attitudes to the plans.
without any awareness of the fact that their
2. Male students in general are more
decisions regarding matters of national
favourable in their attitude than
concern also do involve them.
female students.
But there are two reservations in respect
3. Favourableness of attitude to the
of the data on which the following
plans correlates highly with educa-
conclusions are based. First, there is no
tional level and social class—the
reason to justify that the attitudes of the
higher the social class and educational
students of one particular college of Bihar
level, the more favourable the
University do necessarily reflect the attitudes
attitudes.
of Indian students in general. Secondly it
4. Attitudes to the plans in general and
was not possible in this report to check the
to their various aspects differ widely
results against contamination due to over-
among students depending upon their
lap. Further studies on a much wider scale
sex, educational level and social class.

ATTITUDES OF INDIAN STUDENTS TO THE FIVE-YEAR PLANS OF INDIA
285
APPENDIX
12. The plans have not rightly directed our
country toward a socialistic pattern of
The Attitude Scale
society.
Below are the forty statements pertaining 13. The plans are the embodiment of
to the First and Second Five-Year Plans
national cooperation and strength of
of India. Here you are required to give
India.
your own opinion to each statement in "your 14. The plans are doing more harm than
opinion" column. Be frank in your judg-
good.
ment. Do not consult anybody while you
give your opinion.
15. The majority of our countrymen have
faith in the plans.
Note: You have to use the following 16. The country cannot prosper, if the
symbols in your judgment:
plans are dropped.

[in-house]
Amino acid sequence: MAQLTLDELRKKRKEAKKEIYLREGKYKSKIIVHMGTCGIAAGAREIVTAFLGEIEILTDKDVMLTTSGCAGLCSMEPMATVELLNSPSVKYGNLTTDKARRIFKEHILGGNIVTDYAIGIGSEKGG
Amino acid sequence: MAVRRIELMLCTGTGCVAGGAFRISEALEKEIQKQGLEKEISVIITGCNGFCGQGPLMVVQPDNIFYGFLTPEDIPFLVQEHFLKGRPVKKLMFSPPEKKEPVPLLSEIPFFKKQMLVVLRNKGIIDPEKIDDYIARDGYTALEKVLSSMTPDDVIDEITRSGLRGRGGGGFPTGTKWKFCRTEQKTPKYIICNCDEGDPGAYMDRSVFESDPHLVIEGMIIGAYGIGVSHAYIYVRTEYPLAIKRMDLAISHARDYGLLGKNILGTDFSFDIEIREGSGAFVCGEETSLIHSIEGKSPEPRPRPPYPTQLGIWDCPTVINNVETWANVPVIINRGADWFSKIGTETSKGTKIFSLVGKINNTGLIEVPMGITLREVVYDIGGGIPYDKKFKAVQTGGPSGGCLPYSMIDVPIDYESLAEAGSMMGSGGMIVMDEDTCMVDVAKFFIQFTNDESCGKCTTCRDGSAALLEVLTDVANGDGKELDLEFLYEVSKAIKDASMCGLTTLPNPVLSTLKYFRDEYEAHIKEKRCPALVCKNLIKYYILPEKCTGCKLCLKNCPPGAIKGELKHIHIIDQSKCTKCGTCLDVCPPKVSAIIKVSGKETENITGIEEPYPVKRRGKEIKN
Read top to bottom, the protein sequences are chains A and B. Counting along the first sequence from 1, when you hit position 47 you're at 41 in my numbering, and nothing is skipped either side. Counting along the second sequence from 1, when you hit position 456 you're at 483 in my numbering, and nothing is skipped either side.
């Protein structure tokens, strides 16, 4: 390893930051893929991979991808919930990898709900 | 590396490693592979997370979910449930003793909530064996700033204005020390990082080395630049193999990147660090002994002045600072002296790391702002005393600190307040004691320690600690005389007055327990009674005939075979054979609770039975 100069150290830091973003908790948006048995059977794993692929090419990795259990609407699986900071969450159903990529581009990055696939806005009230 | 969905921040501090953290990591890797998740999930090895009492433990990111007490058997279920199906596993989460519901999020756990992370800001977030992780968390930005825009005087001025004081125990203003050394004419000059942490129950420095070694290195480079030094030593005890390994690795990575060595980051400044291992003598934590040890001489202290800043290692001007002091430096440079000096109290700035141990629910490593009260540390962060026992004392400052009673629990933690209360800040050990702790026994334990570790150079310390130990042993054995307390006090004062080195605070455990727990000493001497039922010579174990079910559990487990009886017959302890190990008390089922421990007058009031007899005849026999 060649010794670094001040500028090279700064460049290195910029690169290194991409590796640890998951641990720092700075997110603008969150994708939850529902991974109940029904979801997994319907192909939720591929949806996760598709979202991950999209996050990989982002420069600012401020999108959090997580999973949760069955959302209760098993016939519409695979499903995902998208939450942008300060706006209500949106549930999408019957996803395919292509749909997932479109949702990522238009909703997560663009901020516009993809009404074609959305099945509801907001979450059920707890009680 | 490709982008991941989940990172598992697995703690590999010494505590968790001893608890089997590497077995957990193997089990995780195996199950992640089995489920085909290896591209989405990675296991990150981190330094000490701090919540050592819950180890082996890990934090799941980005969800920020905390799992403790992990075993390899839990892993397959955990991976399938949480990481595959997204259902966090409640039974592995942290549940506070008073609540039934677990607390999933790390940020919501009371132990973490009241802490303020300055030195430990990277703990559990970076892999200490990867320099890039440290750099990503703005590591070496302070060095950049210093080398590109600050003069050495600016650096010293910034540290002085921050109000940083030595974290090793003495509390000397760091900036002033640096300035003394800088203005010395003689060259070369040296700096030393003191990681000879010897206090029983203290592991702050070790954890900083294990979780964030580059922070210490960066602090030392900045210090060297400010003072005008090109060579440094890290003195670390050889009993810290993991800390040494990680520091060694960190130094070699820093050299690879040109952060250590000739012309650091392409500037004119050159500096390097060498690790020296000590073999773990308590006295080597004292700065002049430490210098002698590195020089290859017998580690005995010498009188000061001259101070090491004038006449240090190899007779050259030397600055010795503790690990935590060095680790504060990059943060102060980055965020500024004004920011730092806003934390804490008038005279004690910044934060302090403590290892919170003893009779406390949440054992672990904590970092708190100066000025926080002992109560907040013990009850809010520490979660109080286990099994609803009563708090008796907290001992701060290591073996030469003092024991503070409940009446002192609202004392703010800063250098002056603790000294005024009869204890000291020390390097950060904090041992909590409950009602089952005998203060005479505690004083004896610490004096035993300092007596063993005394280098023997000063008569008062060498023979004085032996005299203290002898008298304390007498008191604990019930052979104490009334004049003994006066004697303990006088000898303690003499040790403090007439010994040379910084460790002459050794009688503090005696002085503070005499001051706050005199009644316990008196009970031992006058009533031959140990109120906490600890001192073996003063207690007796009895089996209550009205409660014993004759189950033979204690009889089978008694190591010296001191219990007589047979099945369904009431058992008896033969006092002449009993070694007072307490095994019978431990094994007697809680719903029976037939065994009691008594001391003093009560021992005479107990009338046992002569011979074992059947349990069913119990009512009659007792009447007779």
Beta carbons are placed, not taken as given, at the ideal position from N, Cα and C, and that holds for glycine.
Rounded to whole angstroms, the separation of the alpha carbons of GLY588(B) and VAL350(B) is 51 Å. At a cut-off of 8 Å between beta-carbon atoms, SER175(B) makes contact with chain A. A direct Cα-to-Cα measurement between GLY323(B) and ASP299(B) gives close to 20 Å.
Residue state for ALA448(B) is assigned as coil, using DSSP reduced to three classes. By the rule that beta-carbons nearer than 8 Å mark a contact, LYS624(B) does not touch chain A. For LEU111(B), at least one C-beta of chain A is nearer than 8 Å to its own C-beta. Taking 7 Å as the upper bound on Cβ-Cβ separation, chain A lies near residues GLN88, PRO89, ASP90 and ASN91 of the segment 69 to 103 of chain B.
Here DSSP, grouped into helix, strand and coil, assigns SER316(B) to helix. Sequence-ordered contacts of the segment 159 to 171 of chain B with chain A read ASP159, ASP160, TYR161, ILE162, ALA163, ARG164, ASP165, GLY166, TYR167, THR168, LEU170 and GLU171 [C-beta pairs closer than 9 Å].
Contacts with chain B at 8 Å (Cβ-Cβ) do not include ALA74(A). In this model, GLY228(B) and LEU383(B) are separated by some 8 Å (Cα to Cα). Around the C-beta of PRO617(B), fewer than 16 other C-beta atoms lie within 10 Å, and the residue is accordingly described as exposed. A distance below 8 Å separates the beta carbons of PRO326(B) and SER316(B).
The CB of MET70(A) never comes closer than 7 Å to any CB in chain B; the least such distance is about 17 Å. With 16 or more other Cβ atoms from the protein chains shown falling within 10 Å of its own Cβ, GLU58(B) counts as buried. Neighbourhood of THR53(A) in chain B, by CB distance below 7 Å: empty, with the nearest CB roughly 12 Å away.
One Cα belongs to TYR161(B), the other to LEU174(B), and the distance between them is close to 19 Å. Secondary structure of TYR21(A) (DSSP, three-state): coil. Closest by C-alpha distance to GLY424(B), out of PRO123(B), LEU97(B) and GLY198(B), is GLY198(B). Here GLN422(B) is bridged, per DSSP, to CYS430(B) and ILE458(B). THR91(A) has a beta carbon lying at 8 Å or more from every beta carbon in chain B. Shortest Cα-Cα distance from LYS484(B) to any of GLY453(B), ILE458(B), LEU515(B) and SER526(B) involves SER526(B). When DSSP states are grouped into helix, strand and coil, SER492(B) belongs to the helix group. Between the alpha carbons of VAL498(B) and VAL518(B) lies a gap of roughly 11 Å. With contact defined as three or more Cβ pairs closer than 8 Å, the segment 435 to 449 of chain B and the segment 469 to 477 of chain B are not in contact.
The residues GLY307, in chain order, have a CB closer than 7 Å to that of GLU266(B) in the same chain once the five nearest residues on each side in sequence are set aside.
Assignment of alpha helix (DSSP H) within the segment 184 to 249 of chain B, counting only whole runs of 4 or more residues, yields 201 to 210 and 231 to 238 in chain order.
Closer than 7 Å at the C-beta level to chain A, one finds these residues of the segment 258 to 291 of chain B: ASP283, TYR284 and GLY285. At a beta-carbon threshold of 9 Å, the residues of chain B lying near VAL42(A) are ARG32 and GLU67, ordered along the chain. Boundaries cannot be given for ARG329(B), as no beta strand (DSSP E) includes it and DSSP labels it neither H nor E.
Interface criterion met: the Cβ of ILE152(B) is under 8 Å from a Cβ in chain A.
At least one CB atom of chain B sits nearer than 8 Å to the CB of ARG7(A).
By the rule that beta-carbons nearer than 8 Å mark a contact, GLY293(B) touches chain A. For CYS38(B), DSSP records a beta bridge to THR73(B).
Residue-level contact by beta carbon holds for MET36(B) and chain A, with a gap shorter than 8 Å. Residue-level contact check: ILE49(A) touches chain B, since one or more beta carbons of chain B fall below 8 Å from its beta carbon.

+ + for strongly agree; for — strongly
disagree;
17. The plans direct the nation's efforts
towards the nation's goals.
+ if you agree on the whole; — if you 18. The people are very hopeful about the
disagree on the whole; and O if you
plans.
are undecided about it.
Statements
19. Expenditure incurred on the plans has
"Your Opinion"
yielded maximum return.
20. The plans are responsible for present
1. The plans should be continued.
economic miseries.
2. The plans encourage social improve-
21. The plans are leading the country to
ment.
the ideal of a welfare state.
3. The plans are entirely unnecessary.
22. The plans have brought about an
4. The plans have earned a good reputa-
awakening in the mass.
tion for India.
23. The plans are well thought out steps
5. The plans are both the assessment of
to promote rapid and balanced economic
past achievements and also of the future
development.
ones.
24. The plans have made the rich richer;
the poor poorer.
6. The plans do not rebuild rural India.
25. The plans have been able to create a
7. The plans give opportunity of services
new atmosphere in the country and a
in the common cause of eliminating
new outlook in the minds of the people.
poverty.
26. The people are not ready to meet the
8. Because of the plans, a great and bright
challenge of the plans.
future lies ahead of India.
27. The plans provide progressive improve-
9. The plans have no positive value.
ment in the level of national wealth.
10. The plans give help in meeting our 28. For the success of the plans, it is our
social problems.
duty to contribute our maximum help.
11. The planning system provides an 29. The plans have given disproportionate
abiding faith in the future of the
weight to rural rather than to the
nation.
urban development.

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A. B. O J H A
30. India would have been better off, 36. The plans are bound to succeed as they
without these plans.
are utilising all the available resources
31. The plans are the only means by
of the country.
which the country can materially 37. The plans are too ambitious in scope
prosper.
to benefit the people.
32. The plans have provided peace and
security to Indians.
38. The plans have provided few facilities
33. The planning forums in colleges have
for the common people.
made the students plan conscious.
39. The plans are not adequate for social
34. The plans benefit no one.
welfare.
35. The plans constitute the best of all
possible programmes which could be 40. The plans have secured enough public
undertaken by the present government.
participation.